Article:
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Defence Force letters insulting and insensitive


Defence Force letters insulting and insensitive

Defence Force letters sent to personnel being made redundant under the Government’s botched civilianisation project were insensitive and insulting, says Phil Goff, Labour’s Defence spokesperson.

Mr Goff today released copies of the letters obtained under the Official Information Act.

“These letters were sent to 315 servicemen and women as a direct result of the Government’s decision to make cuts and find savings of up to $400 million a year. The Government planned to make 1400 experienced military personnel redundant and to fill their positions with cheaper civilian workers.

“The letters were drafted at Defence Force HQ and sent out over the objections of staff who were “shocked at their obviously controversial and unfeeling tone”. The Auditor General criticised these letters and the civilianisation project, saying it “led to a drop in morale and an increase in attrition resulting in reduced capability”.[i]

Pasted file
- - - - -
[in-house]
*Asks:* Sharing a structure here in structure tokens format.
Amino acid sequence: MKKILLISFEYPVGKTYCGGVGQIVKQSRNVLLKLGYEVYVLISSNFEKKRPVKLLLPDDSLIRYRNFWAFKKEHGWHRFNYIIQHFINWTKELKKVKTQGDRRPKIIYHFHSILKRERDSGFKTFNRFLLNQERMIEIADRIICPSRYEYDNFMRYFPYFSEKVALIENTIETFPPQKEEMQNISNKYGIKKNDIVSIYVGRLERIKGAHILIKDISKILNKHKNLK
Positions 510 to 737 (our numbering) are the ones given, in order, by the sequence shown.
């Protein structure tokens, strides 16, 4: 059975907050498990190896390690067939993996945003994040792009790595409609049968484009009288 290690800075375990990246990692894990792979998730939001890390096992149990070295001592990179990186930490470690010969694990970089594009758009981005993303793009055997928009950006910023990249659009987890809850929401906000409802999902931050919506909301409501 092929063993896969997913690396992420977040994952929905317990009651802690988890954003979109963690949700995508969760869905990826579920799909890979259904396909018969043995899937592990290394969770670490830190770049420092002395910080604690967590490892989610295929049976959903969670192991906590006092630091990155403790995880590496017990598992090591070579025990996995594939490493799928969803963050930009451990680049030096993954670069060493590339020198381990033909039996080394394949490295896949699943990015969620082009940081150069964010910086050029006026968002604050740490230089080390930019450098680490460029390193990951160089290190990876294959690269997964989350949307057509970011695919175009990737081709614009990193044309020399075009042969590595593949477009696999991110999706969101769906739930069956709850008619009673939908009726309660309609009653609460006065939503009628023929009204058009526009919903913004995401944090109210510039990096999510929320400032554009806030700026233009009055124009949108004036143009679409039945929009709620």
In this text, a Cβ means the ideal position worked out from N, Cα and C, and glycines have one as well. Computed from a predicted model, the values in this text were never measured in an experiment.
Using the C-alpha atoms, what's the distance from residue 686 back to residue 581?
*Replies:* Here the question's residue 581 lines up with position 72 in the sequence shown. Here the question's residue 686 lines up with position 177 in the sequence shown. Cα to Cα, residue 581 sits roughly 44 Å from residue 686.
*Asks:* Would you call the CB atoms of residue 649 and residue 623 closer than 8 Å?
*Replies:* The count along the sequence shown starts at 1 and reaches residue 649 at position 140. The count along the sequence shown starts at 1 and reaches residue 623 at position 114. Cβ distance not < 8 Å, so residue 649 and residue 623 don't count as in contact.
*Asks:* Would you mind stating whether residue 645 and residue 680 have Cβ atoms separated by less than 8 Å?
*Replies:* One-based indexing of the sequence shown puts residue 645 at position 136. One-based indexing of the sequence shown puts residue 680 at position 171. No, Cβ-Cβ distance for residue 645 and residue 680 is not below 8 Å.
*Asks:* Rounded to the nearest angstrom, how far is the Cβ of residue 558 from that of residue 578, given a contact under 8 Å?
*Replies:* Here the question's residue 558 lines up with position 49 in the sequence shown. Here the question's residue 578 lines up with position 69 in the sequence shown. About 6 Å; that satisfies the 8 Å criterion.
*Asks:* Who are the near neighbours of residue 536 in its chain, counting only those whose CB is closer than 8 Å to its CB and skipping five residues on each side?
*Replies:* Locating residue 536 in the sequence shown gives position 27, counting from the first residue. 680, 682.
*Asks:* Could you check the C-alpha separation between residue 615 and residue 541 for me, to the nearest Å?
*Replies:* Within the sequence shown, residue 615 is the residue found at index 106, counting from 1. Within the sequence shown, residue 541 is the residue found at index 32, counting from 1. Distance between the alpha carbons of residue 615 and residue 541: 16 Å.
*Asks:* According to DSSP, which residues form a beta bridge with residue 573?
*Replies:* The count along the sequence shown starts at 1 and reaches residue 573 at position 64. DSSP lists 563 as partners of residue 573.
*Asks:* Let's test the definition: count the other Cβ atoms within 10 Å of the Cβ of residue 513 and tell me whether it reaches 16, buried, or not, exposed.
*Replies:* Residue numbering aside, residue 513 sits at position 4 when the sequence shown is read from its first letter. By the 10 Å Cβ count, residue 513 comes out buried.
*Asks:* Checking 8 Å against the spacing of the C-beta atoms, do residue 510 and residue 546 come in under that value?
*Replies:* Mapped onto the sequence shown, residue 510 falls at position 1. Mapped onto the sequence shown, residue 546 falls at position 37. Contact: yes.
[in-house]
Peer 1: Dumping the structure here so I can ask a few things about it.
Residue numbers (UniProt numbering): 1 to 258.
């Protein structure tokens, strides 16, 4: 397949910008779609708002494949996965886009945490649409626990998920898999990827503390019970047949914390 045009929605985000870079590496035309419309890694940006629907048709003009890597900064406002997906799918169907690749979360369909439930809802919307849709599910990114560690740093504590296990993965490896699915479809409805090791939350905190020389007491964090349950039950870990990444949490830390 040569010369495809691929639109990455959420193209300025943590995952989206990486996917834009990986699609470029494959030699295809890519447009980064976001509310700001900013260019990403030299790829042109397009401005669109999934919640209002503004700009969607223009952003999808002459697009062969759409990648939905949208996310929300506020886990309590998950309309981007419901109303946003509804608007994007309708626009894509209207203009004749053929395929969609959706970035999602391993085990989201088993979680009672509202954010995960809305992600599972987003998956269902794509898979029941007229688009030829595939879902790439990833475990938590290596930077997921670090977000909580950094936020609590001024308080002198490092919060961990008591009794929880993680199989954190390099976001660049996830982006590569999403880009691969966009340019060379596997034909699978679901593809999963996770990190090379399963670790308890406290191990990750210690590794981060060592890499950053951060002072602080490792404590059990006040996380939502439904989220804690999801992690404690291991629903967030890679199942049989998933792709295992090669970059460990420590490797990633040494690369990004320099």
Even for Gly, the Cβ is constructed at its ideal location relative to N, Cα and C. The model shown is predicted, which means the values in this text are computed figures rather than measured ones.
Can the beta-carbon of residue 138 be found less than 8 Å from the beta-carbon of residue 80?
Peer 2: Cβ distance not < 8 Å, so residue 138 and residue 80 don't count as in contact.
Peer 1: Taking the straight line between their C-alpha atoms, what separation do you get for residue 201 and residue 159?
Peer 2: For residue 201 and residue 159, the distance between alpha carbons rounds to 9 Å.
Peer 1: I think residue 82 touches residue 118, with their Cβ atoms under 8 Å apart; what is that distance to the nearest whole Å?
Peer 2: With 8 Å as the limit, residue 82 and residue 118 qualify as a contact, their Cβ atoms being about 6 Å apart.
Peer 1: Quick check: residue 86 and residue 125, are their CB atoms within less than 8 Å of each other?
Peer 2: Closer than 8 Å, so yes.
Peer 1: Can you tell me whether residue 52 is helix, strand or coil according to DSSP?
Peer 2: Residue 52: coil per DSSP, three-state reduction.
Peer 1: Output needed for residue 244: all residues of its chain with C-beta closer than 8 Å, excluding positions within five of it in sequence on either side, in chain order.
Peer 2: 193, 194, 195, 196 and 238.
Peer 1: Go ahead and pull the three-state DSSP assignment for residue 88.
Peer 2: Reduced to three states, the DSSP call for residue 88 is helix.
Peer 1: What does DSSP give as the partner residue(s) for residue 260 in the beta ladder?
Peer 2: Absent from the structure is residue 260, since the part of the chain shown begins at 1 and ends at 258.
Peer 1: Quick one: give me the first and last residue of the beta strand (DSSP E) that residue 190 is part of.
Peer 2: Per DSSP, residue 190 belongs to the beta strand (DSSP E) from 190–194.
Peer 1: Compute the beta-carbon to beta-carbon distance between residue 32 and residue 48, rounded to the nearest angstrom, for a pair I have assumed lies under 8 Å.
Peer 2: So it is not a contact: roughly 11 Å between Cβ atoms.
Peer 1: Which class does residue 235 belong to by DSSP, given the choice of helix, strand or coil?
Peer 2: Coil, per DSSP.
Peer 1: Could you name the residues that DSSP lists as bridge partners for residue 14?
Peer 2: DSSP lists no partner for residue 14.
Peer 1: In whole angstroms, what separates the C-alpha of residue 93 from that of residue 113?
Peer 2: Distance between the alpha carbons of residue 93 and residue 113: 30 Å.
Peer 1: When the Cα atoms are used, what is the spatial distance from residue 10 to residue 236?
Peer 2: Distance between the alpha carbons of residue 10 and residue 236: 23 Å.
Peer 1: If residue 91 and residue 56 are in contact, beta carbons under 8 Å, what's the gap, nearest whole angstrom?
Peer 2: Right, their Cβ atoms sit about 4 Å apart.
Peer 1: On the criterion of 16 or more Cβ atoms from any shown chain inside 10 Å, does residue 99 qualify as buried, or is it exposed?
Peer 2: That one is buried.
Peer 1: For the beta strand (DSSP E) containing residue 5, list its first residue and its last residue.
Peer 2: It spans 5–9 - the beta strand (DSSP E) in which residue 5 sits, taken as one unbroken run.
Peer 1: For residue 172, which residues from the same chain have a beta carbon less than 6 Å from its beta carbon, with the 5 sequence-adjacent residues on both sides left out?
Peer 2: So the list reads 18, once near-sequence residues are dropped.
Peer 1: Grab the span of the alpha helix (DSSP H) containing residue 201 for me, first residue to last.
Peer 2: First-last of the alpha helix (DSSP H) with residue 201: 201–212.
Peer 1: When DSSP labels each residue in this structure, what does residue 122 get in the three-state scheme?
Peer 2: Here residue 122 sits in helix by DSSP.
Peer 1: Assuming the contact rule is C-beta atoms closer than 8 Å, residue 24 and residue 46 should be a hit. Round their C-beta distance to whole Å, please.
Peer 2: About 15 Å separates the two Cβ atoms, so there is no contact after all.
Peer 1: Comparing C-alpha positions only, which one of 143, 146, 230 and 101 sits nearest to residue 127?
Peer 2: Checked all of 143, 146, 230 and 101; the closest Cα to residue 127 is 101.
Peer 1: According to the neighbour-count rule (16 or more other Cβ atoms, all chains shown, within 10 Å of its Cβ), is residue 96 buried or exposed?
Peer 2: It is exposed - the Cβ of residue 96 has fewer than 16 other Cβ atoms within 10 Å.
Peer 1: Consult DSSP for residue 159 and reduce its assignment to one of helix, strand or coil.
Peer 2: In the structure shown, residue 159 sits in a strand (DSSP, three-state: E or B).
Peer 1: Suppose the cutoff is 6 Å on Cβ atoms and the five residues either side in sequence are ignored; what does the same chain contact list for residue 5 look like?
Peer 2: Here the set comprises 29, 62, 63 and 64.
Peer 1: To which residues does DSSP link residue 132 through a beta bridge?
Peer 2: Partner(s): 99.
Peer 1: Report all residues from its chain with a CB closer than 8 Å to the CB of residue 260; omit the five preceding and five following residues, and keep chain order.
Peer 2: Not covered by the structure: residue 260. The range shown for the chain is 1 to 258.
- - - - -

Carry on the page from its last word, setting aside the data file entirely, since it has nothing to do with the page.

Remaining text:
“I have finally received copies of the letters, after an OIA request submitted in February. It’s no wonder they did not wish to have the letters released.

“The tone of the letters lacks any sensitivity towards the long serving men and women who were learning for the first time that they were losing their jobs.

“The wording is formulaic, using phrases such as “you were assessed as minimally meets requirements” and “you were assessed as low potential” or had “low commitment to service.”

“That’s no way to treat people. Personnel who had served competently and loyally deserve much better than that. No wonder the whole civilianisation project was so bad for morale, which fell to an all-time low. It also pushed attrition to a record rate.

“The Defence Force owned up after the event admitting the “letters in some cases were telling good people they were bad” (see the Auditor General’s report).

“But the National Government has never apologised for the way good people were treated because of its desperation to save money and make cuts – and it stands condemned for that,” says Phil Goff.


[i] Auditor General’s report “New Zealand Defence Force: The Civilianisation Project” – January 2013

Attached: Defence_Force_letters.pdf

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